A startup that makes software that tracks users’ online activity has lost an intellectual property case against the social media giant, which claims that its privacy tool violates its patents.
In February, Facebook settled a lawsuit with the startup, called Fiddler, for $6.6 million after agreeing to pay Fiddler $2.5 million in royalties for “use of the Fiddler service and its products,” according to a filing filed with the U.S. Patent and Trademark Office.
In the filing, the company said it had paid $5 million to Fiddler and $3.2 million to an investor, who bought a license to use Fiddler’s tools.
Facebook has said the tools are designed to help people keep their online privacy in check.
The lawsuit also accused Fiddler of “inventing new technologies” without paying for the work.
The company’s legal team had asked a federal judge to dismiss the lawsuit in March after failing to persuade the judge that the tools infringe on Facebook’s patents.
But the judge in California rejected that motion in a June order, saying the company had not proved that the tool infringes.
Fiddler, which was founded in 2013, filed the patent infringement lawsuit in April, alleging that Facebook’s software is “an unlawful invasion of Fiddler users’ privacy.”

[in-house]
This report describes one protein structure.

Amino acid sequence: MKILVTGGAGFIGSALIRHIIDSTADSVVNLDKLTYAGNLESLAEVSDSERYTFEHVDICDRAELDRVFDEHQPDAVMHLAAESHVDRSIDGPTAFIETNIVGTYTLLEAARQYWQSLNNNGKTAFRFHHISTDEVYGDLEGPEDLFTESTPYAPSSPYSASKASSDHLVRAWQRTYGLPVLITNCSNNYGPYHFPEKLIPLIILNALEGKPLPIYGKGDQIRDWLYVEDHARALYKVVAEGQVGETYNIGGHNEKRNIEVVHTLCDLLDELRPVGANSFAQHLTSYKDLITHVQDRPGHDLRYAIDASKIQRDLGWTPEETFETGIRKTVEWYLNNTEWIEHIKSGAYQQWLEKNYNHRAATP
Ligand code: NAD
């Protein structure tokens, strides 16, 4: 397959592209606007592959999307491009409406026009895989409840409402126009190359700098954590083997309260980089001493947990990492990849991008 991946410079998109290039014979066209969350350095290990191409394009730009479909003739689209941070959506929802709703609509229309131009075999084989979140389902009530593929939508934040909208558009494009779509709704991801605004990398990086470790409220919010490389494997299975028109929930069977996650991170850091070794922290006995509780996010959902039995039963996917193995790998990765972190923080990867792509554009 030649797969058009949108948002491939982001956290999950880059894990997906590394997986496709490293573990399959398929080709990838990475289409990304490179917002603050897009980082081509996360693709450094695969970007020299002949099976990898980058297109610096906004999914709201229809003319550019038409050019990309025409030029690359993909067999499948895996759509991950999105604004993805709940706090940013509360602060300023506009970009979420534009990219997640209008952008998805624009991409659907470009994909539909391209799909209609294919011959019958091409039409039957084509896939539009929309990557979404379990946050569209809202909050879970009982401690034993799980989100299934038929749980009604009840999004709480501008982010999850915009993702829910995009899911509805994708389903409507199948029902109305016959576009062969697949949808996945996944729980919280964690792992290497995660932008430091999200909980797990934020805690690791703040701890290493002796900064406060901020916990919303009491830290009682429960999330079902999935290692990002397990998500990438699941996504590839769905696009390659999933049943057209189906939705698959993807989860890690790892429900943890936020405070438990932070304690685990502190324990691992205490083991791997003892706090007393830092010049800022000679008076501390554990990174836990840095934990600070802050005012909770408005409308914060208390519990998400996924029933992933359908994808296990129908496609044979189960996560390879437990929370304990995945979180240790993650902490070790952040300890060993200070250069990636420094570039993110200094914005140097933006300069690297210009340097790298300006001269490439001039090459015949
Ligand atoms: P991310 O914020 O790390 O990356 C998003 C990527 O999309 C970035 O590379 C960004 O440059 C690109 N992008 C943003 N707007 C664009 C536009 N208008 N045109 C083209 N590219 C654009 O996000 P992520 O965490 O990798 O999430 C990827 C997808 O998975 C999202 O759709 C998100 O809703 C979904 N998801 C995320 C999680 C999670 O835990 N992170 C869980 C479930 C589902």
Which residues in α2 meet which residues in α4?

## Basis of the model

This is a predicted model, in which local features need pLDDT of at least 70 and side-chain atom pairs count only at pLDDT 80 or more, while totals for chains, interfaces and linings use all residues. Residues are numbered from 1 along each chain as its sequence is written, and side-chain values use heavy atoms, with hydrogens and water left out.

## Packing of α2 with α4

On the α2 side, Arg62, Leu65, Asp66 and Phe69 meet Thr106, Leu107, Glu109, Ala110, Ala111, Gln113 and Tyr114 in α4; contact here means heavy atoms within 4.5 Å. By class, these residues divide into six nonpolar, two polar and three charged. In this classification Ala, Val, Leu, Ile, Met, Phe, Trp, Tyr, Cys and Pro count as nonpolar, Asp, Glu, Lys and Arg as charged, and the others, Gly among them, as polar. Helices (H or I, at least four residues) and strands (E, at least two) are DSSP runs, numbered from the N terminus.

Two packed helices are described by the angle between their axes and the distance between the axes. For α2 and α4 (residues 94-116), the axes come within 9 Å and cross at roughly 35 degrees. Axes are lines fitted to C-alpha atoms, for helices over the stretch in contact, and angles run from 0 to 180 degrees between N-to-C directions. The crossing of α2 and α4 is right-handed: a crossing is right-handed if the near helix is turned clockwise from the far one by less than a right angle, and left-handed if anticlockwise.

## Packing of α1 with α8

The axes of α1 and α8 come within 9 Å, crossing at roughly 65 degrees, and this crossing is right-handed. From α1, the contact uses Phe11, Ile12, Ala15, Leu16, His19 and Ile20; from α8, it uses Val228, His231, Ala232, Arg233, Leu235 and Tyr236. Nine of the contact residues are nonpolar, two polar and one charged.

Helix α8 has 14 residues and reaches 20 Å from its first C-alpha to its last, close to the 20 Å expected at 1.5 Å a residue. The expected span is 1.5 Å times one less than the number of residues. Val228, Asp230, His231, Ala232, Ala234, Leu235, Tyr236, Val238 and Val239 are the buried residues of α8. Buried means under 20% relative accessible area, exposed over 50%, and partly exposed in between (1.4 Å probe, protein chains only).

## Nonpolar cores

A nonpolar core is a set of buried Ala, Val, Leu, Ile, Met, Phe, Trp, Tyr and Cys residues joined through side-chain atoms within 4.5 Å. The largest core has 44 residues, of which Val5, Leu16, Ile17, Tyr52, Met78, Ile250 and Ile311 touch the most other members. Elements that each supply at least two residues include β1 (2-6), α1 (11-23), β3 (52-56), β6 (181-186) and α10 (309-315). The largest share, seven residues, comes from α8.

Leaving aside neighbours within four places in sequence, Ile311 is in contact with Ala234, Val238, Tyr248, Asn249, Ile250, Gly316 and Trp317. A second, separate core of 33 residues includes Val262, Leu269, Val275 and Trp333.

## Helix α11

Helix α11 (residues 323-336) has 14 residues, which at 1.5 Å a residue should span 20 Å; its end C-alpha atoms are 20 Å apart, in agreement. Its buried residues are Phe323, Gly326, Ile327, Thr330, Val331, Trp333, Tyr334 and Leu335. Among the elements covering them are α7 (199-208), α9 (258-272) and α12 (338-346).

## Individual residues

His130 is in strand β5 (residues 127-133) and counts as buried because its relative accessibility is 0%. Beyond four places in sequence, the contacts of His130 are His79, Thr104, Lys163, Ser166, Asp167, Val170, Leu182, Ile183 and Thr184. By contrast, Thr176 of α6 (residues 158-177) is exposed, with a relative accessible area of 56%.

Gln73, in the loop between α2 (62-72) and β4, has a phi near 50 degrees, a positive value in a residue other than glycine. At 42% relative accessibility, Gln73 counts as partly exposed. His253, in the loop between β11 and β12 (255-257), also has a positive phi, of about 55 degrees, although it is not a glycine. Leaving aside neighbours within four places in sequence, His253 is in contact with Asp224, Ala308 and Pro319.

Fiddler also said the company could not prove that Facebook violated Fiddler patents because Fiddler doesn’t have any patents.
Fiddle was founded by three people, and it had already spent $6 million on lawyers to defend itself in court.
But in May, a judge in Virginia granted the company permission to continue its legal fight, agreeing to allow Fiddler to file for patents on some aspects of the technology.
Fiddlers technology, which works with a company called FIDO, tracks the movements of individuals’ online data and is designed to make people’s lives easier.
Fiddler claims that it does not have any right to those information, so it can’t use them to target ads.